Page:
Dear School Districts:
I know that you are under a lot of pressure these days. There’s tons of regulation coming down the pike – Common Core, Student Growth Initiatives, PARCC and all sorts of other initiatives.
I really do try and be understanding. I used to work in public schools and some of my best friends are in school districts, but you’re not making it easy for me based on this one thing that I keep hearing you say to parents – “You need to see a neurologist to determine dyslexia.”
Please, I beg of you, stop saying that to them.
I understand that the ‘D’ word has caused school problems, but the word has been in special education code for many years. It’s not a new term, even though some people are presenting it like it was recently discovered. (The fact is you can go back to the 1930’s & 1940’s to see just about everything you need to know about the ‘D’ word.)
Here’s my advice. Rather than go into a defensive posture and back up in horror when the parent brings up the ‘D’ word, use it as a learning opportunity. Parents are hungry for good information and welcome being educated. I will even provide you with a little script right here that can work in most situations when a parent inquires about dyslexia.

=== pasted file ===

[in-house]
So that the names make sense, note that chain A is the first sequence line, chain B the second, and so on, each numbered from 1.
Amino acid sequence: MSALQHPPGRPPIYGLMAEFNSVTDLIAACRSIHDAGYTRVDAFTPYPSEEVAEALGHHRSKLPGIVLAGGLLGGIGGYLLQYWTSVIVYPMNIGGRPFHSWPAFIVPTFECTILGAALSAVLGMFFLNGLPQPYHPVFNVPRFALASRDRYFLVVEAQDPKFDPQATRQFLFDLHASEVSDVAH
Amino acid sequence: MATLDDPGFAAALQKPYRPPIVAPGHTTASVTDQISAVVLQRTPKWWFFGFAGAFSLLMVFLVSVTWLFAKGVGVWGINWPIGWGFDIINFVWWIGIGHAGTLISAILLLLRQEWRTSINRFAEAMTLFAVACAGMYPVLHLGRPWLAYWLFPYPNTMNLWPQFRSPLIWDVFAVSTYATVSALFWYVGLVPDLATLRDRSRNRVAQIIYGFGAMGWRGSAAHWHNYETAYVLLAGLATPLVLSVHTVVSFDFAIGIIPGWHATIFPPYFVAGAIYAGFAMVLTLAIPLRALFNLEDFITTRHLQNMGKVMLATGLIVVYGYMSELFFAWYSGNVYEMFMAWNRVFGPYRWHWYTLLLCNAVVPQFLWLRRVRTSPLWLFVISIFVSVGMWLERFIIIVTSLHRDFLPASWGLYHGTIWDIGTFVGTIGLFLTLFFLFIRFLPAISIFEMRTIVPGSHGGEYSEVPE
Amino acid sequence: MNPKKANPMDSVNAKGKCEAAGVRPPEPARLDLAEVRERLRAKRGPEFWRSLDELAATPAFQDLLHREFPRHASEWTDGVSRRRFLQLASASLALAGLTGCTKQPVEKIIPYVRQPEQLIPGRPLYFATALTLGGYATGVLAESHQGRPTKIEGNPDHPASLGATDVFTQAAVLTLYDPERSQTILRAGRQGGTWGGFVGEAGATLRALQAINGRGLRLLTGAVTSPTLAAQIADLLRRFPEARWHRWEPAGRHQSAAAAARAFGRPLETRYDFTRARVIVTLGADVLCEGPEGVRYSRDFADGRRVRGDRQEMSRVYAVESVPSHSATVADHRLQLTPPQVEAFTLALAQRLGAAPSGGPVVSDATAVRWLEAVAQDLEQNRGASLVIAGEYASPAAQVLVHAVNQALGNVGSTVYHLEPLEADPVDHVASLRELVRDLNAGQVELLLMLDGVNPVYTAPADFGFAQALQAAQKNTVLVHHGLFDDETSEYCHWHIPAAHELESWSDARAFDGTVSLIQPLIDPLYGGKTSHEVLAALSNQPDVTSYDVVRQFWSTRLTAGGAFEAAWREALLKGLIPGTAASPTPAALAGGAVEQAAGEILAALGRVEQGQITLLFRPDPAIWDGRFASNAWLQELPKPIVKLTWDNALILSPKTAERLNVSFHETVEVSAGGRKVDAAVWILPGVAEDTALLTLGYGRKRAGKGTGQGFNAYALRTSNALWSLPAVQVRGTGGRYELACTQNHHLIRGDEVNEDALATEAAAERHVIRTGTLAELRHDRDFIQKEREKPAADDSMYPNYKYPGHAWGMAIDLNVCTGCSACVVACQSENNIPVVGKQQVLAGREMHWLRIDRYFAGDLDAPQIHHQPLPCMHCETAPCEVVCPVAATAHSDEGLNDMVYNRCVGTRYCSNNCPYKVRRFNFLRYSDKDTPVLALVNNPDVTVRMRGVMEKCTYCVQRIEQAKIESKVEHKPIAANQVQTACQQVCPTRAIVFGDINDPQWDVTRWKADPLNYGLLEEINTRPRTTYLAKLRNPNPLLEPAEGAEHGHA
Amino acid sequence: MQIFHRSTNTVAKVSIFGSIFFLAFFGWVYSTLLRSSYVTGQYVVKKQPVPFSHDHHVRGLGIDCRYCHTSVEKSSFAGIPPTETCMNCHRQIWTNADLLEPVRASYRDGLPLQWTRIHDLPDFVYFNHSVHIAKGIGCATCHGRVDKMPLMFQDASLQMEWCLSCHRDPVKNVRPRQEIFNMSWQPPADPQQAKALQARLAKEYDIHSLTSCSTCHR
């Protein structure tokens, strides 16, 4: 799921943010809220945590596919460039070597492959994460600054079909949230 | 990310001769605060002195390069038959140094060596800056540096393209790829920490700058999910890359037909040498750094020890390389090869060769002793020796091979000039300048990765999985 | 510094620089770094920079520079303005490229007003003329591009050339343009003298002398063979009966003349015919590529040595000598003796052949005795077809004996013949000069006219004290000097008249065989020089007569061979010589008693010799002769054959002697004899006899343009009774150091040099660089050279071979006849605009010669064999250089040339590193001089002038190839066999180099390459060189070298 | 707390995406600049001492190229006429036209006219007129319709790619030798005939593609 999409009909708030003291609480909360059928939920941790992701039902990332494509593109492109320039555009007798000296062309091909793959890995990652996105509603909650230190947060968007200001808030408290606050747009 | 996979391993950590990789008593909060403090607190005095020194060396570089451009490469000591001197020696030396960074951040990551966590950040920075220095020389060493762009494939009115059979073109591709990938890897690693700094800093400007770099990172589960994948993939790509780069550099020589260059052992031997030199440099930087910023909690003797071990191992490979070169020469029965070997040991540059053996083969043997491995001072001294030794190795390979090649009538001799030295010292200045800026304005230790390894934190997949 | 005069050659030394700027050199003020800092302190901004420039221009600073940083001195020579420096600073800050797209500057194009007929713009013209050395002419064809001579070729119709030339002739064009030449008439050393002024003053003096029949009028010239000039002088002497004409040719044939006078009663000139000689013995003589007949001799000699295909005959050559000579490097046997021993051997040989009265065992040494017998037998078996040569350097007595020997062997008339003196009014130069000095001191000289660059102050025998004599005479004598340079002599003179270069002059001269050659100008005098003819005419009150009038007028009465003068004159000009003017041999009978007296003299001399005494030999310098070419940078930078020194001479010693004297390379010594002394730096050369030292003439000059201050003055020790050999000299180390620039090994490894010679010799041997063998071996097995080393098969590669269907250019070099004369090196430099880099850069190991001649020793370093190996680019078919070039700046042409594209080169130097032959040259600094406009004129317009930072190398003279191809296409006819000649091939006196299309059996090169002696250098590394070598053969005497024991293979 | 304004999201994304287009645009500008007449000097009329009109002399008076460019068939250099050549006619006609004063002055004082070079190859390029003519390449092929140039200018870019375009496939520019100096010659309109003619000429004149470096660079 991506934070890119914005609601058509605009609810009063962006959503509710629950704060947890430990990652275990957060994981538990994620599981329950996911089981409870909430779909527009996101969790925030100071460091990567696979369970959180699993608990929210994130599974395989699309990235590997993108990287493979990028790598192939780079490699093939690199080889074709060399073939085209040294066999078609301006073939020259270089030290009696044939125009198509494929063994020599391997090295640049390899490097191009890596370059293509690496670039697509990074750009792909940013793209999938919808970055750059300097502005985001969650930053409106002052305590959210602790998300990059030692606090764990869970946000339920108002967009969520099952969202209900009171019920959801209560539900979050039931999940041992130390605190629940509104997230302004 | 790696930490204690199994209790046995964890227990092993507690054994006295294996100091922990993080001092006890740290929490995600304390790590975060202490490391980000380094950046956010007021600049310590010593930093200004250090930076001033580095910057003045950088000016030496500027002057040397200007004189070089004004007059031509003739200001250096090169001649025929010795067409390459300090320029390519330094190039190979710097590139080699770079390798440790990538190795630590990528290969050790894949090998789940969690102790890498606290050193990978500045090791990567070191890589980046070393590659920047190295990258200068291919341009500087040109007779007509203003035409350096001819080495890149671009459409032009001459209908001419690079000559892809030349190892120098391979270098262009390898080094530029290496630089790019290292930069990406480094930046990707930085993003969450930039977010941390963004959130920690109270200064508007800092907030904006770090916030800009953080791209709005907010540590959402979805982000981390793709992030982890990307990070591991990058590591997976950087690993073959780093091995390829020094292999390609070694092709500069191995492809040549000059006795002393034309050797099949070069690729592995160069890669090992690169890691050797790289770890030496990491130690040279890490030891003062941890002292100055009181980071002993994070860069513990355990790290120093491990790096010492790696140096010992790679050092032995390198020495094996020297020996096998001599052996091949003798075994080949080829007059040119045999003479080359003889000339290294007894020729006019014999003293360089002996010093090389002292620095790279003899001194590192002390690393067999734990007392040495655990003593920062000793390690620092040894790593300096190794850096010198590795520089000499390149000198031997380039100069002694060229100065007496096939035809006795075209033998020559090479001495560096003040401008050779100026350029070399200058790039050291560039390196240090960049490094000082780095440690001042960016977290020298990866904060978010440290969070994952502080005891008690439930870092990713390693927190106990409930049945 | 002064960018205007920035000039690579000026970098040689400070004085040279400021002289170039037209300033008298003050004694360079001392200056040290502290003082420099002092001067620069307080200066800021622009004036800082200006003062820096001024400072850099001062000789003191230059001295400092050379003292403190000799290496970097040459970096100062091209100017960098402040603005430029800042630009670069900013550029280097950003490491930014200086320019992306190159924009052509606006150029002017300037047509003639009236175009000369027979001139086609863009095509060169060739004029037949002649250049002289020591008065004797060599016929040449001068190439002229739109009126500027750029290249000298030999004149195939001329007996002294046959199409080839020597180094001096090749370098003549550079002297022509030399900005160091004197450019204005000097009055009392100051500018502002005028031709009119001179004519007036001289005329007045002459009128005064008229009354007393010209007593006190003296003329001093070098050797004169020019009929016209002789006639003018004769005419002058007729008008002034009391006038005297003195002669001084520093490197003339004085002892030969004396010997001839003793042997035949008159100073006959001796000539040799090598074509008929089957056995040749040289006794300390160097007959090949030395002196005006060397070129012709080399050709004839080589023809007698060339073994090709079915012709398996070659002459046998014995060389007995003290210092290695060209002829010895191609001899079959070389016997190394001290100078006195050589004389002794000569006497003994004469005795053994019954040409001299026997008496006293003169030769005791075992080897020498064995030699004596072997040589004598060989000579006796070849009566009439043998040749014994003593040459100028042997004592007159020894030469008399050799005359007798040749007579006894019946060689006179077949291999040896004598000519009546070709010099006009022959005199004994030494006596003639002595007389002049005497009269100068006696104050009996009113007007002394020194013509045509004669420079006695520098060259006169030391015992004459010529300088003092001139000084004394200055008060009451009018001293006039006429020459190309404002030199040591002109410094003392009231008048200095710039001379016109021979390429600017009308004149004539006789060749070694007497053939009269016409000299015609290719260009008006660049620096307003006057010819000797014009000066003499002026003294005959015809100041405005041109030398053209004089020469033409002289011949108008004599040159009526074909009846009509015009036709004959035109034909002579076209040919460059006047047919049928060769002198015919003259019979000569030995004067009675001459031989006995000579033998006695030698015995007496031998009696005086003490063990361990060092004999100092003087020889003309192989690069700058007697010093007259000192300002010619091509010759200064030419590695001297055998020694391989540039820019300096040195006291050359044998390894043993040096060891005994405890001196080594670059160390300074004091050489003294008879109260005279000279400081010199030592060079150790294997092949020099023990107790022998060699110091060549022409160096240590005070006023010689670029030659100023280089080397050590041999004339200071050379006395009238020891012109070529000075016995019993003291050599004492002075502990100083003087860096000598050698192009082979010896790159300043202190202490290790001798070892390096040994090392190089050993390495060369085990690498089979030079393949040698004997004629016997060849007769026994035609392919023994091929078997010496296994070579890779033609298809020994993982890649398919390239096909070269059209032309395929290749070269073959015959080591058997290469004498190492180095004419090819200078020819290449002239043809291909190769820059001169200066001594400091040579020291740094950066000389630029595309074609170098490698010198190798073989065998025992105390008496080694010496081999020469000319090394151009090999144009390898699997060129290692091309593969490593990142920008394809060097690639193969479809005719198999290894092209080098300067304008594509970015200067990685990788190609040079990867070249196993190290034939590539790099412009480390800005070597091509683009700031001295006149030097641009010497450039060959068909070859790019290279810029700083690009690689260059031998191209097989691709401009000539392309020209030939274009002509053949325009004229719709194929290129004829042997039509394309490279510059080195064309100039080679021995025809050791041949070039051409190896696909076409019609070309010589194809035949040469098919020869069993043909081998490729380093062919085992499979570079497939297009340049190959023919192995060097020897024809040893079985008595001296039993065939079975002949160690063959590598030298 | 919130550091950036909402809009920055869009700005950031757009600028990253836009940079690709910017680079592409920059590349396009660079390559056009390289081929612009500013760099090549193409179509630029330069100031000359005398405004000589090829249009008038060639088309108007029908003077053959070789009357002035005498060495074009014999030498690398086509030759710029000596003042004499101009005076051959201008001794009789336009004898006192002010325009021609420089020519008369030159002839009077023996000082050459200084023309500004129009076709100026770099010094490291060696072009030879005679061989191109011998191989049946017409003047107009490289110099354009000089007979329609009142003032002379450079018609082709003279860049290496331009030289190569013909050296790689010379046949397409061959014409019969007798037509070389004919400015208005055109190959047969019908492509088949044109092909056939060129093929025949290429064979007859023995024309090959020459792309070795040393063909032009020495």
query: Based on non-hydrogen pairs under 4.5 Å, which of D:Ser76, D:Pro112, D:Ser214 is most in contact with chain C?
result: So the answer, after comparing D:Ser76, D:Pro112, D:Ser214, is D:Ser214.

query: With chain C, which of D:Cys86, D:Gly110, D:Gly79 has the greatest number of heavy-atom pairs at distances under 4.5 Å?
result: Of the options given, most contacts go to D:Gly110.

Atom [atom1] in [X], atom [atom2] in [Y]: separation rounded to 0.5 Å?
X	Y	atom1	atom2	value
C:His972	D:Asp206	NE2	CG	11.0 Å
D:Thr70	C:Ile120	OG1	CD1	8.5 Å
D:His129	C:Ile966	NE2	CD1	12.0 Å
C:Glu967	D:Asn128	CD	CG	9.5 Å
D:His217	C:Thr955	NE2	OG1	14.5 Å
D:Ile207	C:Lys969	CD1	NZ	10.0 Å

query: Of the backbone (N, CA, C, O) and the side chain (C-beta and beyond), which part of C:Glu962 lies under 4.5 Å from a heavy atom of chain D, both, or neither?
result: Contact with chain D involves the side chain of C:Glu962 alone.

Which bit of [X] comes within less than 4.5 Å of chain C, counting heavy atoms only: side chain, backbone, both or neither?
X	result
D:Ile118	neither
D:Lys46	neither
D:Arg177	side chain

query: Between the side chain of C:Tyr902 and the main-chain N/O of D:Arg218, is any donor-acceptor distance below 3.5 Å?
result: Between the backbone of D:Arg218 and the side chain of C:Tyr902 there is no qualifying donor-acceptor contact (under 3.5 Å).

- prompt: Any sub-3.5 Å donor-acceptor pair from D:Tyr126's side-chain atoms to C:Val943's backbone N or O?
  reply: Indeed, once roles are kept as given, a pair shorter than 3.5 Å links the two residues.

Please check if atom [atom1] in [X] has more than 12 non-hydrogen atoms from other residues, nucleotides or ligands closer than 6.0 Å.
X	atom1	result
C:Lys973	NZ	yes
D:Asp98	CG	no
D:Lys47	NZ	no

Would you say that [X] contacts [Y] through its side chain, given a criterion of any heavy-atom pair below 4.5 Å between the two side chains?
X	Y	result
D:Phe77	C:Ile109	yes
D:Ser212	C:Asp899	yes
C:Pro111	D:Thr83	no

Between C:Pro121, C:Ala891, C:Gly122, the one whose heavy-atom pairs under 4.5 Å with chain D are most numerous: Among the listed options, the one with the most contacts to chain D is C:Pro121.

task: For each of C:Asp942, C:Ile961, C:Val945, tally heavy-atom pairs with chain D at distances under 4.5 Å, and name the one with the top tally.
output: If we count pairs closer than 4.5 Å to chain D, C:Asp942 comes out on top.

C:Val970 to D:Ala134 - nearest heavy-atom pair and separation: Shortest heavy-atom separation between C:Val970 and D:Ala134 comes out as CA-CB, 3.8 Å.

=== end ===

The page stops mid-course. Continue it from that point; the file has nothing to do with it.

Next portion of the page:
You can tell the parent something like this:
“’Dyslexia is a greatly misunderstood term. When a child has ongoing difficulty with reading, spelling and writing, and the difficulty involves identifying words accurate and fluently, chances are that suggests a ‘dyslexic pattern.’ This would be particularly substantiated if one or the other parent struggled in these areas as a child. Dyslexia (reading disability) is not clear cut. It never was. There is no one test or marker. Really the better term that is clearer is ‘reading disability.’ In effect, ‘dyslexia ‘and ‘reading disability’ are one and the same thing.”
Understand this, assessment is a process. There’s no neurologist that I know who does the type of tests necessary. It’s not their domain.
I would encourage you to use the data you already have on the kid and take some pretty good guesses. Parents by and large appreciate that. Look, I have been testing dyslexia for a long time and sometimes I have no idea whether the child has dyslexia. Sometimes you have to hedge your bets a little. It’s the nature of the business.
Hope that helps a little.